My client recently left NYC, took her kids and moved to the country. A single mother with two amazing kids, left the hustle and bustle of Manhattan and set up an organic sustainable farm in upstate New York. They grow most of their own food. They compost, reuse pretty much everything, waste nothing and use animals for pest control. It looks like ‘the simple life’, but truthfully it is hard work that makes you strong and is thoroughly rewarding. The animals are heritage breeds (endangered species), which means they need to be farmed properly or they go extinct. Got that vegans?
This particular weekend I went upstate to the farm to help prepare for Hurricane Irene. I took all these beautiful photos with my Blackberry. There’s also a short video where my little buddy (who I have been coaching since he was 10 yrs old) takes us on a guided tour of their sustainable, small family farm.
Clouds rolling in… As Hurricane Irene approached, we had to harvest all the produce as fast as possible…
Unlike commercial tomatoes which taste like water, these babies are super delicious.
Canning/jarring is no joke; it took a lot of time. Since the kids are inspired (they have no desire to watch TV or play video games), they don’t need to be asked to help out. There is no attitude, no bribery and no corporal punishment has ever been necessary. In fact, these kids can school 90% of the fitness industry and will embarrass any chubby dietitian with their knowledge of real food nutrition. I love these kids and brag about them like they are mine…but seriously, they are awesome. The whole family works together like umm, a family. And now there is food to last for months.
The produce is organically grown (without chemicals) and most are heirloom varieties. They are big, juicy, delicious and nutrient dense.
We get raw cow’s dairy from a farm down the road and grass fed beef, venison & wild game from another farm close by. The people are friendly and supportive of each other like a community is supposed to.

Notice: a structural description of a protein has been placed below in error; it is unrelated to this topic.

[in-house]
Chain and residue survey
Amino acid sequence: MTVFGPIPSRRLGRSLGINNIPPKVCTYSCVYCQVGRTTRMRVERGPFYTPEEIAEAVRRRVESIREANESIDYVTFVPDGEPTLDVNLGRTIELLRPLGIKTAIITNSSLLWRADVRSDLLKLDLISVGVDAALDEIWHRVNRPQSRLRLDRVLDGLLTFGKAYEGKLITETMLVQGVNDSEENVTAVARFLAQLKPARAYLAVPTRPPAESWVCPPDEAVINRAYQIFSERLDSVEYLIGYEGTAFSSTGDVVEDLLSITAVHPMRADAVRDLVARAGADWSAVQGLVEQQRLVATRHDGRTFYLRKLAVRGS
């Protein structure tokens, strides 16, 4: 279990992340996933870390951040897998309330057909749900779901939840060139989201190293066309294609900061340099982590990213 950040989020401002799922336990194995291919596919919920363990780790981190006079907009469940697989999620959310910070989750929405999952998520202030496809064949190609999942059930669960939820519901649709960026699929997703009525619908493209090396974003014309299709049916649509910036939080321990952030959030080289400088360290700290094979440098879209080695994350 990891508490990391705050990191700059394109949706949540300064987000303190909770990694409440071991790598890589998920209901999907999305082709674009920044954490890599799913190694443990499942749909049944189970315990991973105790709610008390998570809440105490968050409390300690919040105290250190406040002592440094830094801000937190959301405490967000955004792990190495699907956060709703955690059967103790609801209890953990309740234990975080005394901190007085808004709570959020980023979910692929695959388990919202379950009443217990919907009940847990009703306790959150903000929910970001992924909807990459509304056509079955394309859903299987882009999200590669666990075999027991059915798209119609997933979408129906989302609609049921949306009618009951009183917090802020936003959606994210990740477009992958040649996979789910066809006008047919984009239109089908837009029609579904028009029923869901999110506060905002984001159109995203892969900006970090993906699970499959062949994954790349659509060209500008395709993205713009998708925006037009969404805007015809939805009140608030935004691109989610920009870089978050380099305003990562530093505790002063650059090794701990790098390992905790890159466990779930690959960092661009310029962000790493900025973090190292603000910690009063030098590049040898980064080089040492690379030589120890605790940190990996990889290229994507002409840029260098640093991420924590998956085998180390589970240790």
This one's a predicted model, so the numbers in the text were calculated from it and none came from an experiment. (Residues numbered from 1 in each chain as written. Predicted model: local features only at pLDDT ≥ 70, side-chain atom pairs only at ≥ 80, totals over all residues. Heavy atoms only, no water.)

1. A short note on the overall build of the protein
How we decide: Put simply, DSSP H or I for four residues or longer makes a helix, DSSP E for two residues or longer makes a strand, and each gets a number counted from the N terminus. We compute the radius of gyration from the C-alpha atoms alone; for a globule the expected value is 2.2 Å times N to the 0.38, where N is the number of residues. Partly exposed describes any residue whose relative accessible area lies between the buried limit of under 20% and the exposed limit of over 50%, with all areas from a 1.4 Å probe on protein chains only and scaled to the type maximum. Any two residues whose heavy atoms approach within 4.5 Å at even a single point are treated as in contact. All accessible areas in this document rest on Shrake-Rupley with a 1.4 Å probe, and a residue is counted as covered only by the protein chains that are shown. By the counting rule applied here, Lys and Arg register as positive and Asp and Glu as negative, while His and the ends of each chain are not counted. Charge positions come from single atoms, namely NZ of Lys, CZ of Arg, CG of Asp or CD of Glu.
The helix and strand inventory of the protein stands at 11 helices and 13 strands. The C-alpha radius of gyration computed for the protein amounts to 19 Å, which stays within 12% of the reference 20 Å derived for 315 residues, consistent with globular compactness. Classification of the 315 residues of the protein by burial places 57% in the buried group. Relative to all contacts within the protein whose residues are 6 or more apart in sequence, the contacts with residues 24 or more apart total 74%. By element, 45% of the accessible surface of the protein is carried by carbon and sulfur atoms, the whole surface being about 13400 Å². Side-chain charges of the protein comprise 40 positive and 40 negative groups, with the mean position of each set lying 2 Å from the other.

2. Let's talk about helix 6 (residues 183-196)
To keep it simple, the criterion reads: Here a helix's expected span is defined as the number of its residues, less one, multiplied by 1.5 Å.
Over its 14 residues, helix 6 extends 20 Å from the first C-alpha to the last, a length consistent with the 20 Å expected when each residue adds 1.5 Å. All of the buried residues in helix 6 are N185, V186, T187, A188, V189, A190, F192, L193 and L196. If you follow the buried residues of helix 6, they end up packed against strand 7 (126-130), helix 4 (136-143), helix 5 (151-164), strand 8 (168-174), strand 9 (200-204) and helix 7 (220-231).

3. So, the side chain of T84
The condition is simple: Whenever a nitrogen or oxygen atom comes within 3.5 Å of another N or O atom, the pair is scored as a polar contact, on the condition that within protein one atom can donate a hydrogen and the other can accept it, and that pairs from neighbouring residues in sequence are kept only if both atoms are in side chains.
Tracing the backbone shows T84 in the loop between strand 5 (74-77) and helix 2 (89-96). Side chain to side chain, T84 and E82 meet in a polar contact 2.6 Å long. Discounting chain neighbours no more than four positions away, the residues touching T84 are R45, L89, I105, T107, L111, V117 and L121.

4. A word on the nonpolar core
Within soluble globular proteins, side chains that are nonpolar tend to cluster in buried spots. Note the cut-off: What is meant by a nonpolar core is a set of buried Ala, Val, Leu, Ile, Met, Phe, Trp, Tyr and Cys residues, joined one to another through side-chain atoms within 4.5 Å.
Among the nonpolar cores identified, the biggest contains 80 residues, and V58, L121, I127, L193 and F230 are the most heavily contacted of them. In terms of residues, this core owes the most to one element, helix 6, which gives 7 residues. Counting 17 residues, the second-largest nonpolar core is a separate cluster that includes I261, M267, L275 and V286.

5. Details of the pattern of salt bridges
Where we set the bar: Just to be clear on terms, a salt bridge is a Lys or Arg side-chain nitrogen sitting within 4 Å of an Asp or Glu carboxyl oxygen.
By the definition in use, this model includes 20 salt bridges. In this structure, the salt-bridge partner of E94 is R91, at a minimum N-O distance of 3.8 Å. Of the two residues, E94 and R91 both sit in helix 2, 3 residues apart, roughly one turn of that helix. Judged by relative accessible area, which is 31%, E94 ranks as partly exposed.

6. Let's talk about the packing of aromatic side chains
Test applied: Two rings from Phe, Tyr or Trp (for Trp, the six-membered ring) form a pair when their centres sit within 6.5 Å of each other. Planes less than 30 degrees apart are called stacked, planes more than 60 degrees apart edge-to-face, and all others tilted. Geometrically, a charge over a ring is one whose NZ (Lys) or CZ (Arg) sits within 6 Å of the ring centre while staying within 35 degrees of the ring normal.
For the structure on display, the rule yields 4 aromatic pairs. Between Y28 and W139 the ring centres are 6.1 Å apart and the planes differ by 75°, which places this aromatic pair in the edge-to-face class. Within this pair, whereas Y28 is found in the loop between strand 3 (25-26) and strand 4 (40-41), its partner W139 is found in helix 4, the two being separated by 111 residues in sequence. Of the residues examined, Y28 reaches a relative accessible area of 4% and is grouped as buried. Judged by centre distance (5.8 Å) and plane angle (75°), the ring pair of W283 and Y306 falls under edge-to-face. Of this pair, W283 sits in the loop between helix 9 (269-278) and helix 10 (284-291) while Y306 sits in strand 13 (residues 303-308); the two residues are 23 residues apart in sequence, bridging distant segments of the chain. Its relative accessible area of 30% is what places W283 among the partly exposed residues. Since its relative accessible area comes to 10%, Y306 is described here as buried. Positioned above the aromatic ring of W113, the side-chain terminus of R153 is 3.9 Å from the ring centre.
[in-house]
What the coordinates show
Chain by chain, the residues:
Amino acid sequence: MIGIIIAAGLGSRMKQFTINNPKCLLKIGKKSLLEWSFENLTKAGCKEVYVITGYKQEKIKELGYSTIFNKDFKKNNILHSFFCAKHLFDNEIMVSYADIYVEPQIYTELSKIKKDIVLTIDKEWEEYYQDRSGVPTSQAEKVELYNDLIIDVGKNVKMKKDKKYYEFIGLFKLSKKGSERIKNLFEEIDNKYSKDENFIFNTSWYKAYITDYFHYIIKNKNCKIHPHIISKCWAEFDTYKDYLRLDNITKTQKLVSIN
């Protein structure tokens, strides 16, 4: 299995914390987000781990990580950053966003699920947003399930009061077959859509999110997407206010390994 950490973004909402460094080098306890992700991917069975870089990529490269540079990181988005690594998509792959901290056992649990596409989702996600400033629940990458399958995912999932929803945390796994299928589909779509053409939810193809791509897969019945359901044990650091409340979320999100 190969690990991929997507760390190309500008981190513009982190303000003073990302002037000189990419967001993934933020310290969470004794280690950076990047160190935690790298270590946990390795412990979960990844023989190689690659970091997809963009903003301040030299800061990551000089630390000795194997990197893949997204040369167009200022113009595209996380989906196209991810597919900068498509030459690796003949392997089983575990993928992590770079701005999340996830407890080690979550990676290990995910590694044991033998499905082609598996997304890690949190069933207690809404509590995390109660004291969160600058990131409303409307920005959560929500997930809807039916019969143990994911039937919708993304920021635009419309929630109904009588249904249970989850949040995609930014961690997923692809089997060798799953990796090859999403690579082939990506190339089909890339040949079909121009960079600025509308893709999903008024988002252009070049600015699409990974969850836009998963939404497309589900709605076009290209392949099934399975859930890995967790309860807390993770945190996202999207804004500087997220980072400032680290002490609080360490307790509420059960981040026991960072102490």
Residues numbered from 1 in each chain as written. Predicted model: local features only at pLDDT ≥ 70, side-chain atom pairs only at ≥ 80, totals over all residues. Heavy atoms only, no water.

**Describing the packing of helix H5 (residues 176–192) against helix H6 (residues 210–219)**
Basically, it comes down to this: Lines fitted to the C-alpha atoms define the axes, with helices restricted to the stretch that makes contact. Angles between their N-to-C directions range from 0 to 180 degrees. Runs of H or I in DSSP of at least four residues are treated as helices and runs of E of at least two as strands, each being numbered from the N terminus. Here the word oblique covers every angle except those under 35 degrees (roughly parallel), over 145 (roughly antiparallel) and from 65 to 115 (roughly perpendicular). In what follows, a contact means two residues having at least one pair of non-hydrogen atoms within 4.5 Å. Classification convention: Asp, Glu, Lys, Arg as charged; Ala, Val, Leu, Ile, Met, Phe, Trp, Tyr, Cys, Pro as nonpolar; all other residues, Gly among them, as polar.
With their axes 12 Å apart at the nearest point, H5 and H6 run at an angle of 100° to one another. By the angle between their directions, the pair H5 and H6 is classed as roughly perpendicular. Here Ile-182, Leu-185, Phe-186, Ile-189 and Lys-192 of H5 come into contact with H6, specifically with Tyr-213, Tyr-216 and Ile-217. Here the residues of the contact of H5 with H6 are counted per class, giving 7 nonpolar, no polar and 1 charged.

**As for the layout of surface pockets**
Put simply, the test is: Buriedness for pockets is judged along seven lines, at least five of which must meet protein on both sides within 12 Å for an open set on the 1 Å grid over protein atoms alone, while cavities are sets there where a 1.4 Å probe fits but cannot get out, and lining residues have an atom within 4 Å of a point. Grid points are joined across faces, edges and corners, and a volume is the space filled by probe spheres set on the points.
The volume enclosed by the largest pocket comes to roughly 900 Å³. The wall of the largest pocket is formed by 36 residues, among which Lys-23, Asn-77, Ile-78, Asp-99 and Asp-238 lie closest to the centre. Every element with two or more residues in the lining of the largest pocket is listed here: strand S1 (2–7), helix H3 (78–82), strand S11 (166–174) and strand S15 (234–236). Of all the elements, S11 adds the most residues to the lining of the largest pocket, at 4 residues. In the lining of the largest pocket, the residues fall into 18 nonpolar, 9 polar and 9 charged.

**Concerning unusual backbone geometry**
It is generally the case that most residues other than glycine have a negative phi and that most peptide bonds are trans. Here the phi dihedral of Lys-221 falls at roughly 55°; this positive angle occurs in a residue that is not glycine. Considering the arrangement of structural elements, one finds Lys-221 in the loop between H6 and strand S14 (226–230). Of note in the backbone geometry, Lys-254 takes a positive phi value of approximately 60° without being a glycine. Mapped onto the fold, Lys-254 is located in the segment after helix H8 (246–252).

And just in case you still have some doubts about organic farming, before you see more awesome photos, here are a few facts for ya…
Organic farming can’t feed the world…
When people who worship GMO at the church of Biotech regurgitate this thought killing cliche, the first thing to do is ask them what they themselves are doing to feed the world. What’s that? That’s what I thought. Secondly, The world is not experiencing a global food shortage; overall food production continues to exceed demand. The problem with starvation and malnutrition is politics & economics.
Rodale Institute’s thirty year trial:
The hallmark of a truly sustainable system is its ability to regenerate itself. When it comes to farming, the key to sustainable agriculture is healthy soil, since this is the foundation for present and future growth.
Organic farming is far superior to conventional systems when it comes to building, maintaining and replenishing the health of the soil. For soil health alone, organic agriculture is more sustainable than conventional. When one also considers yields, economic viability, energy usage, and human health, it’s clear that organic farming is sustainable, while current conventional practices are not.
After thirty years of a rigorous side-by-side comparison, the Rodale Institute confidently concludes organic methods are improving the quality of our food, improving the health of our soils and water, and improving our nation’s rural areas. Organic agriculture is creating more jobs, providing a livable income for farmers, and restoring America’s confidence in our farming community and food system.
- Organic yields match conventional yields.
- Organic outperforms conventional in years of drought.
- Organic farming systems build rather than deplete soil organic matter, making it a more sustainable system.
- Organic farming uses 45% less energy and is more efficient.
- Conventional systems produce 40% more greenhouse gases.
- Organic farming systems are more profitable than conventional.
Think you can’t afford organic food? My friends got you covered:
How cute are these little guys?!
The Nigerian Dwarf Goat is a miniature dairy goat from West Africa. Their milk has a sweeter taste; is higher in butterfat (6-10%) and higher in protein than milk from most breeds They can produce 1 to 8 pounds of milk per day! They don’t require as much space or feed as regular goats and are adorable. They are gentle, friendly and wait…look at the little one!
USDA poster from 1918, before it was illegal to grow or sell your own food.
Brahma Buff Chickens